A few days before Christmas, my grandmother passed from this life.
She outlived my grandpa and most of her siblings. My mom and dad, brother and sister and I found plane tickets and an Airbnb and gathered with extended family in Denver for a funeral and a few meals together. Tomorrow her children will bury her next to her husband in Springfield, Missouri where they once raised a family together.
Obviously, this has been a tough holiday season. But in the past few weeks I have thought often of a conversation I had with Grandma a year and a half ago.
Below is a reprinting of my reflections on her and her insights from that conversation, published again in memoriam.
So long, Grandma. Thanks for telling me I had your gift for words and insisting that I write every chance I get. – Brian
A few nights ago my wife went to bed early so I did some dishes and called another woman.
Grandma Opal is 93-years-old and lives in a retirement community in Denver.
While her body is giving her fits, she still has the stories and jokes of a stand-up comedian.
She regularly harasses a woman in her home who constantly complains about the air conditioning being too cold.
She has it out for the lady who once tried to tell HER (the mother of four, grandmother of 8) how to hold a baby.
She told me that the guy my mom almost married before she met my dad was so worrisome that the thought of him “gave me a rash.”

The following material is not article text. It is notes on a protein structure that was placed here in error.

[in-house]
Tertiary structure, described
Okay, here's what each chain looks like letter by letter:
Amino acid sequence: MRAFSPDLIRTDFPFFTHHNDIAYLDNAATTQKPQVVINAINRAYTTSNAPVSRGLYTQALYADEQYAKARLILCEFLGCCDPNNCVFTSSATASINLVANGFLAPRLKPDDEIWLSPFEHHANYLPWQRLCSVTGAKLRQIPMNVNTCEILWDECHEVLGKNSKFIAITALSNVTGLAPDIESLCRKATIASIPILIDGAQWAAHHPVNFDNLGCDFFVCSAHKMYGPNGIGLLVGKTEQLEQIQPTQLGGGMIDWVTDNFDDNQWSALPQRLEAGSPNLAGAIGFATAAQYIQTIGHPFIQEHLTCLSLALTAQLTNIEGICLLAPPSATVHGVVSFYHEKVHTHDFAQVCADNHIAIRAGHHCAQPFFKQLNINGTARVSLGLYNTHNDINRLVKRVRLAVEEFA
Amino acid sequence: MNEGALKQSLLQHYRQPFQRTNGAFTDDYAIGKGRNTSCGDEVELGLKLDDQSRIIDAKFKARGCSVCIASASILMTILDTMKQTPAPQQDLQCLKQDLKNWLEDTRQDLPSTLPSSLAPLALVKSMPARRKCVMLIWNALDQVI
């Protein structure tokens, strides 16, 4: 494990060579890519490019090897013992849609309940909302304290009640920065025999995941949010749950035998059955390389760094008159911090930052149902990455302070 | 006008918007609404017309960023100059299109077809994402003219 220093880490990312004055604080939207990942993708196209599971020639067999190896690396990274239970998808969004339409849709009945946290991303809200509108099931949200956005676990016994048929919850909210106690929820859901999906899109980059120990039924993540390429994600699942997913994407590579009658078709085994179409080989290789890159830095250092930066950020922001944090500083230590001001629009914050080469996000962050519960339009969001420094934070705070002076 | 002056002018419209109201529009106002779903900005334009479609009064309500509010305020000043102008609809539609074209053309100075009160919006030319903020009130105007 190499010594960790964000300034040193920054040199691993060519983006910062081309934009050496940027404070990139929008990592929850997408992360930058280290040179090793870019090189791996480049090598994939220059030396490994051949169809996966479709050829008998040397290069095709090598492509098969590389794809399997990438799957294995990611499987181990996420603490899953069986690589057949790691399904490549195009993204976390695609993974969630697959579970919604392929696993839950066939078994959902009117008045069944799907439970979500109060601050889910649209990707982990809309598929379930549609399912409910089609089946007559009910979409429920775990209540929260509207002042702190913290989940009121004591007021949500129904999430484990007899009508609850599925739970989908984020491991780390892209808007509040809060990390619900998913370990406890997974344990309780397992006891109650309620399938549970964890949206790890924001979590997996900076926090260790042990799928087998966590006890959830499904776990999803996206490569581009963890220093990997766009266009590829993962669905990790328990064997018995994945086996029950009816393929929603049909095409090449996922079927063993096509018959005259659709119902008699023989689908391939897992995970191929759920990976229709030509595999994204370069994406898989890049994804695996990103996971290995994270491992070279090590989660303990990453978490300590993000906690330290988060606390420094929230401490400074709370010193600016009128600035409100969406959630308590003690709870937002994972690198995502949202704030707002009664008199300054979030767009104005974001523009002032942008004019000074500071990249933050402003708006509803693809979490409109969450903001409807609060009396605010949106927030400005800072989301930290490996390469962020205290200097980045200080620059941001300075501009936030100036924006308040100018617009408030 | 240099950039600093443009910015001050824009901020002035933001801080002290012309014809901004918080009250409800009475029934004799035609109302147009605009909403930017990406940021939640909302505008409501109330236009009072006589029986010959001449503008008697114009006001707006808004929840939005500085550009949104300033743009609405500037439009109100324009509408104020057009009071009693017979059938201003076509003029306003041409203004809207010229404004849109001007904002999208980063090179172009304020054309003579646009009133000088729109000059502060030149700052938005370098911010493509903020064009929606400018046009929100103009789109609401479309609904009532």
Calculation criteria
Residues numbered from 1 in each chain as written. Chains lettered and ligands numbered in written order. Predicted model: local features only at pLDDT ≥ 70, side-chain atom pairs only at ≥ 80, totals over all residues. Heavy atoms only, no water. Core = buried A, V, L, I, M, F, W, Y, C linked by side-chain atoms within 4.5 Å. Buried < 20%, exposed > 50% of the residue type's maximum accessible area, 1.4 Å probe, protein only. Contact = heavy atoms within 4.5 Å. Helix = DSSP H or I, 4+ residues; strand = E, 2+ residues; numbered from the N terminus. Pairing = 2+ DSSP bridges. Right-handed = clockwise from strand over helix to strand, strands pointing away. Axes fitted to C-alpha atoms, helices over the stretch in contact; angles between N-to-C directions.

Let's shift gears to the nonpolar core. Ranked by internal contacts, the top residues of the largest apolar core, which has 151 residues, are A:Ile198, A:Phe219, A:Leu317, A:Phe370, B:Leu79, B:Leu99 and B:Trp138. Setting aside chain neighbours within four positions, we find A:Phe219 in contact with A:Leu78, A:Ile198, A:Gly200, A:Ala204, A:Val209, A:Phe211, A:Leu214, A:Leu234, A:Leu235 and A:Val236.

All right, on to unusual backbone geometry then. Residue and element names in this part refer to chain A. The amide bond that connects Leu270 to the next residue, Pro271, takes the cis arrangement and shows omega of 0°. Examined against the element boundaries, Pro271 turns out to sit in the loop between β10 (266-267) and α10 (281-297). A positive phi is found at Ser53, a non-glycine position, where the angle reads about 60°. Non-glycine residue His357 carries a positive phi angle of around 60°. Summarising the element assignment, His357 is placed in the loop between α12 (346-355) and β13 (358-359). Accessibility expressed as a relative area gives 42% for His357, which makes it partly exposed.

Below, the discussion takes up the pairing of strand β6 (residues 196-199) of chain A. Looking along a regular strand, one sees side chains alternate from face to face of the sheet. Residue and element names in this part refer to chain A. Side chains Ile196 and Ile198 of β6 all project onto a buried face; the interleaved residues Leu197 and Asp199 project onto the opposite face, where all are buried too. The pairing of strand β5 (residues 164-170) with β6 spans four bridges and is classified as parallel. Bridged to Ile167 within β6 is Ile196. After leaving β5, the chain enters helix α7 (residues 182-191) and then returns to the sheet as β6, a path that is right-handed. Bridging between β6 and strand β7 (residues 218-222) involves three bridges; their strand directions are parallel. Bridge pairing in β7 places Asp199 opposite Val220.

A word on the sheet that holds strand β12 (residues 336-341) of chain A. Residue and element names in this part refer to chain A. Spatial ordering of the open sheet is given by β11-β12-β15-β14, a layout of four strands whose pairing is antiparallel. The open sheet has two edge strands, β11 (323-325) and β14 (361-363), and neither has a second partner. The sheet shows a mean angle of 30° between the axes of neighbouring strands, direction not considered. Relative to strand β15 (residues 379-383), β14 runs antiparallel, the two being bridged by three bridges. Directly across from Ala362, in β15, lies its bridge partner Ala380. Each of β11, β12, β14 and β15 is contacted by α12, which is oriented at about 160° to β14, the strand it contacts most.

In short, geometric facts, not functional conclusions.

(“Do you often get a rash when you are upset?” I asked Grandma.
“No. That should tell you something about how bad this boy was.”)
After several of these stories, conversation turned a bit more serious. Grandma asked me for a few thoughts on the current political climate.
I would assume that it is rare for grandmothers and grandsons with a 58-year age difference to agree on much when it comes to the happenings in Washington, D.C. so I was careful in my response.
I said a few things about history and the future and perspective and fear and Grandma listened.
And then she said this:
“Yeah. Often people are quick to tell you what they are against – but they never figure out what they are for!”
This is a beautiful observation – one I am assuming comes with a lot of perspective. And in all honesty, I felt a little convicted.
Grandma is right. (“Like usual,” she’d say.) It’s easy to yell. There is little challenging about feigning indignation. We read half an article and pour kerosene on our status updates, throw a match and hide behind the keyboard. But it takes a real courage to stand up and say what you actively want. There is risk in that. There is actual accountability and potential for disappointment.
But I am up for the challenge.
So I have started making a list of some things I am “for.” (It’s a work in progress.)
I am for magic, the impossible, the improbable and the hard-to-believe.
I am for singing along (even if you don’t know the words).
I am for laughing so hard it hurts.
I am for crying at the movies.
I am for working hard.
I am for risking a little a whole lot of the time.
I am for learning by reading, learning by trying and learning by listening.
I am for kindness.
I am for second and third chances.
I am for finally getting it right.
I am for texts that say “I love you” or “I miss you” or “We should hang out”
I am for getting up early and staying up late.
I am for actively participating.
I am for little reminders.
I am for smiling at strangers.
I am for assuming the best possible scenario.
I am for coffee and conversation.
I am for breakfast for dinner.
I am for twilight runs.
I am for smiling for no reason.
Now it is your turn. Add to the list. What are you “for”?